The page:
(eTN) – “They are woefully unprepared to even reach applicant status at this time, and their budget woes have not helped them at all. But I think the last nail in their coffin was how they have caused huge financial pains to the business communities in Kenya and Uganda by not paying bills, and this is the result now,” said a regular source close to Uganda’s foreign ministry yesterday, when discussing the report of a panel of experts, which was tasked to assess South Sudan’s preparedness to join the East African Community, before continuing: “Your report about Jetlink in Kenya goes to the heart of the issue. We appreciate South Sudan has a lot of issues, a lot of problems, and most of those are caused by external factors, but the EAC is about integration; about harmonized trade, financial, legislative and regulatory regimes.
“South Sudan has on a broad basis missed the benchmarks. In East Africa, we need to have a free trade in currency for instance, that is not there. They now had 6 years since the CPA and knew they had to start harmonizing laws, and all but maybe their focus was elsewhere. Politically we want South Sudan to become a member, but they have to be ready. Remember the long ascension path for Rwanda and Burundi? So even if in a year the experts might give [a] thumbs up, the timeframe for readiness will be much longer. South Sudan needs fundamental economic reforms first, financial reforms, the laws in place to protect investments, clarify on so many issues. This is the sad truth, but we will continue to help our brothers and sisters there to eventually reach that goal.”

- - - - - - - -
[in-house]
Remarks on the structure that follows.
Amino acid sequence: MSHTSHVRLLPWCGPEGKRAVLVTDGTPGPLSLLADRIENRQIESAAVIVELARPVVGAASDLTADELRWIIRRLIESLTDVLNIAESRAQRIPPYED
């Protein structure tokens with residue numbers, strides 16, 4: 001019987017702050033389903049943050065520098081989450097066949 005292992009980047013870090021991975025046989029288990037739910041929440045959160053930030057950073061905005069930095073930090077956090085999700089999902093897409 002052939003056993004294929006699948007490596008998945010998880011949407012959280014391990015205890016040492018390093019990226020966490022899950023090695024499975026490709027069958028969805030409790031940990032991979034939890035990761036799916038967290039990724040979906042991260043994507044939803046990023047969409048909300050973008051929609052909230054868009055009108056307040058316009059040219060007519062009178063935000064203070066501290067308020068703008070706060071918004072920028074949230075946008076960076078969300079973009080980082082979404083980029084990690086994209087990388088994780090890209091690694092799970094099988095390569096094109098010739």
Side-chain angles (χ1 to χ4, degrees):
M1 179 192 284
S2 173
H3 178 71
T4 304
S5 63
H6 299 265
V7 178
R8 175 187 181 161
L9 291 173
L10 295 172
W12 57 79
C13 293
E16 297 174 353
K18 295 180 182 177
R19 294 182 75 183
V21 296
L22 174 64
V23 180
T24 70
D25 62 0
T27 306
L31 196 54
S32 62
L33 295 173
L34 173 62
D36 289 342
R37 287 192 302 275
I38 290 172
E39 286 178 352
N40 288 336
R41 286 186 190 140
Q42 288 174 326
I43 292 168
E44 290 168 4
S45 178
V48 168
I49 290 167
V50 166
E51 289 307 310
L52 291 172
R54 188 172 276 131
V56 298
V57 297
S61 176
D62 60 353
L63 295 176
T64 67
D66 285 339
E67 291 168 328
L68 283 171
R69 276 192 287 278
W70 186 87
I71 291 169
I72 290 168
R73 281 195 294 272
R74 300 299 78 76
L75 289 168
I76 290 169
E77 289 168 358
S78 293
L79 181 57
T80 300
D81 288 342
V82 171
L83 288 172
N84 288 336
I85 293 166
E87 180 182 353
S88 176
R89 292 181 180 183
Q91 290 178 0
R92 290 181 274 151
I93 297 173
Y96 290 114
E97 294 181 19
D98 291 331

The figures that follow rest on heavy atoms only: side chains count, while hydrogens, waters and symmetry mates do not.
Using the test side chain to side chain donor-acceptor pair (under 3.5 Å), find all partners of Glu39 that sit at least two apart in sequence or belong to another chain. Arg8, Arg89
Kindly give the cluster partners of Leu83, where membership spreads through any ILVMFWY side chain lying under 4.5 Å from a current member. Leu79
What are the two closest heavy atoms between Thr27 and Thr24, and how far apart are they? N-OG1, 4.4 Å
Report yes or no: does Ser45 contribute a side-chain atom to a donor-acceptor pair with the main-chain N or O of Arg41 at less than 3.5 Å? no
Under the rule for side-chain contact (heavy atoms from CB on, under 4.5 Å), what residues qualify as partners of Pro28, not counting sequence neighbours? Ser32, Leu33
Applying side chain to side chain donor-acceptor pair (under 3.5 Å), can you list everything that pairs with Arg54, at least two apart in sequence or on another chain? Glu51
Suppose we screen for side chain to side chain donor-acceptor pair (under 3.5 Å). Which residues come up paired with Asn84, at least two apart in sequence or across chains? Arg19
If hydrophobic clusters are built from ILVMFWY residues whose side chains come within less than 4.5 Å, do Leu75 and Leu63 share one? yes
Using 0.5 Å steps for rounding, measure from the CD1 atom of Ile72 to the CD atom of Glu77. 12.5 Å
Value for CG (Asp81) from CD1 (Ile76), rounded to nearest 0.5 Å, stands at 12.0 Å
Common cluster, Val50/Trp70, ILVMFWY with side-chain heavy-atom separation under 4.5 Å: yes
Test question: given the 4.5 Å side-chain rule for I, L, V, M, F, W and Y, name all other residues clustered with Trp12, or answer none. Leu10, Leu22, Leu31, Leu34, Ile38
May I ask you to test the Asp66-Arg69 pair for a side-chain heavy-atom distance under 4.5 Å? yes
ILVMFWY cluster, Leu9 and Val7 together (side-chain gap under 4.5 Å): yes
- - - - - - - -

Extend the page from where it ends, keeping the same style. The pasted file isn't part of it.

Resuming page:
The untimely news for Juba became public a week before the annual head of state summit of the EAC taking place in Nairobi, Kenya, one of the countries hardest hit by South Sudan’s inability or unwillingness to pay for goods and services supplied, a situation which has caused private Kenyan airline, Jetlink, to halt operations as over US$2 million of unremitted funds are stuck in Juba’s banks while a range of other leading business names have also halted trading with South Sudan unless strictly paid upfront in cash.
The decision last week to reschedule the start of oil production, as a result of ongoing serious differences between Juba and Khartoum, has by the look of it worsened the situation, just as hope for resumed cash flow was rekindled, only to be doused when Juba announced that no oil would flow for the time being until political and security issues between the two countries have been resolved. It is understood that Juba will send an observer mission to the EAC Summit in Nairobi, as will incidentally Somalia, a country also interested in joining the East African Community as and when internal peace has been fully restored and formal trade has taken root again.